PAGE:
Mira Mann’s space-specific installations and performances analyze the intertwinement of individual/collective identity- and memory building within socio-historical structures and power relations. Fiction and storytelling lie at the heart of Mann’s practice, aiming to deconstruct cultural hegemonies and the privileging of heteronormativity. For ‘Away from Keyboard’, the artist combines ‘trees of heaven’ (in German: ‘Götterbäume’) with a series of tin objects reminiscent of ailanthus silkmoths (Exported phantasms of a retired silversmith, all works, 2021) – both originating from South East Asia – referencing the consequences and continuities of Asian-diasporic migration through the colonial trade. In the series Character capsule (shifter/ego/primer), three contemporary ritual sites preserve small probs such as dragons, masks or hair combs in illuminated containers. The items recall characters derived from the artist’s most recent multi-parted performances ssssuuuu-guuuung-ggggaaaa, extracurricular activity 1,2, and let me tell you en detail, which are dealing with ‘Pansori’, a traditional Korean genre of musical storytelling. Mann’s performative and sculptural work not only archives but calls attention to the fluidity of multiple identities, alter-egos and cyborgian personas we hold – both on- and offline – and how they are born out of and inform one another.
Un-Zu Ha-Nul Lee (*1992) is an artist based in Offenbach/Main, Germany, where she currently pursues a diploma at the Hochschule für Gestaltung. Her works have been presented at 1822-Forum (2021, Frankfurt/Main), mañana bold (2021, Offenbach/Main), Opelvillen Rüsselsheim (2020), Galerie Anita Beckers (2020, Frankfurt/Main) and at the POSITIONS Art Fair (2019, Berlin).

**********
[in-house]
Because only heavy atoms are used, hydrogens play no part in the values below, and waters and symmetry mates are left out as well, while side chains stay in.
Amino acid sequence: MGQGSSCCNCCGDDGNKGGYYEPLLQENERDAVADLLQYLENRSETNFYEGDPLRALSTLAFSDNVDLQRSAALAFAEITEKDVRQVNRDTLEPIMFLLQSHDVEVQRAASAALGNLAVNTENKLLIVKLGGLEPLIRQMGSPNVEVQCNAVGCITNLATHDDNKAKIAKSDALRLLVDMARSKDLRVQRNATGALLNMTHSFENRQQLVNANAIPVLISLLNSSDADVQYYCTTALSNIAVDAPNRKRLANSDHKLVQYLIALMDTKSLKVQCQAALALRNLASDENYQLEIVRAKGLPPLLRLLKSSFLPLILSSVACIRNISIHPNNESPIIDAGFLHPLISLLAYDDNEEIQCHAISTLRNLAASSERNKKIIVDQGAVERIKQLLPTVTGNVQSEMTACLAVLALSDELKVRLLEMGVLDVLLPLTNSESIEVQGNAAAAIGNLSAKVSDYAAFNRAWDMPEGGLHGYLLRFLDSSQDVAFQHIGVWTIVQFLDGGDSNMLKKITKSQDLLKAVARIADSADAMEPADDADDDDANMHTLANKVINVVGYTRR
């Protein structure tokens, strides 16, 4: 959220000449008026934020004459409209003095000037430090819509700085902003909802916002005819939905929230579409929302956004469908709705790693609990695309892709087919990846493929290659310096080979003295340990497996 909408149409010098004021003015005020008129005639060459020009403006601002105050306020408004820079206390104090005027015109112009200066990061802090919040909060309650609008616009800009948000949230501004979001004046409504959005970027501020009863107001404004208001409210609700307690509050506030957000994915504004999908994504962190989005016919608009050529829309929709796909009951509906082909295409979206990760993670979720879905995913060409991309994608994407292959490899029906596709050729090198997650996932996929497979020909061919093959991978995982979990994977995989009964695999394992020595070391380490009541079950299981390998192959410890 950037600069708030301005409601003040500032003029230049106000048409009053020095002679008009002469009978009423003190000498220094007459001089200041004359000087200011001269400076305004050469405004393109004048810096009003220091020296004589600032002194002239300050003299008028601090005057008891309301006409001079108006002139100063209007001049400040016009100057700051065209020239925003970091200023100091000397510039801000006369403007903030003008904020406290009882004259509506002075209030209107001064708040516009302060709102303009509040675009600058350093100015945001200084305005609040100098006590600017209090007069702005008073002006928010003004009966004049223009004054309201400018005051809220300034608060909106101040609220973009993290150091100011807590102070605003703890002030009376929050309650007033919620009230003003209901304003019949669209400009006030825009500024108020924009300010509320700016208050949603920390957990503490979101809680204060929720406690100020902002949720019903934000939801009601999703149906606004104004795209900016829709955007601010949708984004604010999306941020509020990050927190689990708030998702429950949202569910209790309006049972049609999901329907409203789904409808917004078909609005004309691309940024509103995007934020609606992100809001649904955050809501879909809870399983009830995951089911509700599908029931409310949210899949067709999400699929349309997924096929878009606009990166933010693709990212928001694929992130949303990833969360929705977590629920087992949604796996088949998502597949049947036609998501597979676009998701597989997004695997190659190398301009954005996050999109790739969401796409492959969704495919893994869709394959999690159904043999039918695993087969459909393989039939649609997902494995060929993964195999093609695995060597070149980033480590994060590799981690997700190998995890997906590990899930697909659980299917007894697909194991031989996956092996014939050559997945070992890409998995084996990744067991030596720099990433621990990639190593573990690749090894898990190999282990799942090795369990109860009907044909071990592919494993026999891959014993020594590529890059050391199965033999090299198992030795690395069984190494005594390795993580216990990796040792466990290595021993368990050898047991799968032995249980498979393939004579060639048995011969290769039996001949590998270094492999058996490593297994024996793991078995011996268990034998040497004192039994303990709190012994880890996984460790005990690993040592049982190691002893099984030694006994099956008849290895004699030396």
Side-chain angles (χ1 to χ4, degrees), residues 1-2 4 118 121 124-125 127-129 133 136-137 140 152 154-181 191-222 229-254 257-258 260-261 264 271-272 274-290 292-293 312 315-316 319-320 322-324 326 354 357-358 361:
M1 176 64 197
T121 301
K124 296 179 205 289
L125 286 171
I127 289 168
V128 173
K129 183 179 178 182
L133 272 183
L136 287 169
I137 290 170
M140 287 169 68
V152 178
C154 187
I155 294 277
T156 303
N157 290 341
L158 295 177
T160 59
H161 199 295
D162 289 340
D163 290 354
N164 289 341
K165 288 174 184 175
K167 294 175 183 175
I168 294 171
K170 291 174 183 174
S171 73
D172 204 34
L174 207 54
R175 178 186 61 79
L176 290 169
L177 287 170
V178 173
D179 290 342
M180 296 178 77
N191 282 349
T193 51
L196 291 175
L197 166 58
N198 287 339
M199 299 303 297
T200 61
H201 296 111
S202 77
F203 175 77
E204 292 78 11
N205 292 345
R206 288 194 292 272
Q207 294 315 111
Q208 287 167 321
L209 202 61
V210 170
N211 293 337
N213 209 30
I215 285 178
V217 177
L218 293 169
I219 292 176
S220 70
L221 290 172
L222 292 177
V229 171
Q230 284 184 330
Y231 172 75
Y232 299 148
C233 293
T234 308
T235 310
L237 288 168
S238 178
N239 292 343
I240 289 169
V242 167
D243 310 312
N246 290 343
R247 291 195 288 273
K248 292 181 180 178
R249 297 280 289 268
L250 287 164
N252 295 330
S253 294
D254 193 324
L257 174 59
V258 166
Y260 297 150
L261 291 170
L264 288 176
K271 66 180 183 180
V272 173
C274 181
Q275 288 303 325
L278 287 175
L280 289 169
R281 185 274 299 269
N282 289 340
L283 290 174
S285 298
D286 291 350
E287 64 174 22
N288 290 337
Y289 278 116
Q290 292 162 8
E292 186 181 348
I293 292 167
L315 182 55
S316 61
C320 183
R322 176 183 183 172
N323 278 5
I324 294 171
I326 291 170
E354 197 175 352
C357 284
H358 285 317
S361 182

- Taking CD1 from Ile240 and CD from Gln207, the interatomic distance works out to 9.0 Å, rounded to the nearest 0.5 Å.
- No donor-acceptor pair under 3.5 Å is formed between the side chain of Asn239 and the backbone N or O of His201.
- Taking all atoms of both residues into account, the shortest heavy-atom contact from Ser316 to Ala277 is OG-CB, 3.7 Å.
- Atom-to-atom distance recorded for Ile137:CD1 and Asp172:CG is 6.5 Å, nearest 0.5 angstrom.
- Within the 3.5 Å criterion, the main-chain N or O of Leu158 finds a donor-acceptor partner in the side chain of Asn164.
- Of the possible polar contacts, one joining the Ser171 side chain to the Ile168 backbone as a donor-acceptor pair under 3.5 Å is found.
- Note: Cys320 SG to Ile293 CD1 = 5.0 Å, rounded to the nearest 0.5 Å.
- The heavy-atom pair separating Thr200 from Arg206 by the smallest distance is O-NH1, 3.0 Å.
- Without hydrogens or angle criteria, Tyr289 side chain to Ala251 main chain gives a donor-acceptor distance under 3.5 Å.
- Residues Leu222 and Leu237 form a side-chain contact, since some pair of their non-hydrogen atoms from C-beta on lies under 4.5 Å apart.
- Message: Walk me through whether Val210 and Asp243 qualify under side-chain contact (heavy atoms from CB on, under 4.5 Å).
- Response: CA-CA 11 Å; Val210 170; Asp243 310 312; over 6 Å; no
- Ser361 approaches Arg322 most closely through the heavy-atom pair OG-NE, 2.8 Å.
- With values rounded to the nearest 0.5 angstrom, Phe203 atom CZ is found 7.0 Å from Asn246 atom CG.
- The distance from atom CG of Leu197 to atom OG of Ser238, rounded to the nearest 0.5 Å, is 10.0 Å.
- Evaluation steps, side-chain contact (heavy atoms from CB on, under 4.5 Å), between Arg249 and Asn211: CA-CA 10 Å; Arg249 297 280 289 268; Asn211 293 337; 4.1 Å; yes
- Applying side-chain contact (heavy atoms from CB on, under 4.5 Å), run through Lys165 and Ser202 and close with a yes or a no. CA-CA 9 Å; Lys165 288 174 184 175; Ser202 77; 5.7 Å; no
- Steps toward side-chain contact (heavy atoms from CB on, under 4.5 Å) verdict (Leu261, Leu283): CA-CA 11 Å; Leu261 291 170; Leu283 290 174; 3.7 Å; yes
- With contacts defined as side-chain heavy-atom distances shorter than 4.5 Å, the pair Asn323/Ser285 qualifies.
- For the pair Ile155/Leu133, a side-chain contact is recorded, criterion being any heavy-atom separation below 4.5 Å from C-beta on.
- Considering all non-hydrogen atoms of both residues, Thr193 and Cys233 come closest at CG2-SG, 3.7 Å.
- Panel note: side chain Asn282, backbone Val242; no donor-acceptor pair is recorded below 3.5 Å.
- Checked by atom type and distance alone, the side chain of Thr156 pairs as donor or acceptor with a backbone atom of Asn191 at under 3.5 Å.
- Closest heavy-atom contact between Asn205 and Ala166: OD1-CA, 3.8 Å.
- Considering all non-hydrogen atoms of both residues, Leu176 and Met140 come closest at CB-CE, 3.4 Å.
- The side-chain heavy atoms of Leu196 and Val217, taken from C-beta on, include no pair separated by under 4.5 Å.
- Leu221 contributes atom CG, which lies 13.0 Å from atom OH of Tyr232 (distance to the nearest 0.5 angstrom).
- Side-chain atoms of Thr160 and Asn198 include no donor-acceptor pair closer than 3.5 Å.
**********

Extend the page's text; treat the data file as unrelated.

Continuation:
Julia Carolin Kothe (*1991) is an artist based in Glasgow, UK. She graduated from The Glasgow School of Art (2019, UK) and Kunsthochschule Mainz (2018). Recent works were shown at Kunsthalle Mainz (2021), Queens Street Studios (2021, Belfast), POKY – Institute of Contemporary Art (2020, Mainz), ATLETIKA Gallery, Vilnus (2020), mañana bold (2019, Offenbach/Main) and Frankfurter Kunstverein (2018), amongst others.
Mira Mann (*1993) is an artist based in Düsseldorf, Germany. In 2021, they received a diploma at Kunstakademie Düsseldorf with Professor Dominique Gonzalez-Foerster. The artist’s works have been included at Urbane Künste Ruhr & Kunstverein Dortmund (2021), Simultanhalle, Cologne (2020), Kunsthalle Osnabrück (2019) amongst others, and are part of this year’s editions at Kunstverein Für die Rheinlande und Westfalen Düsseldorf.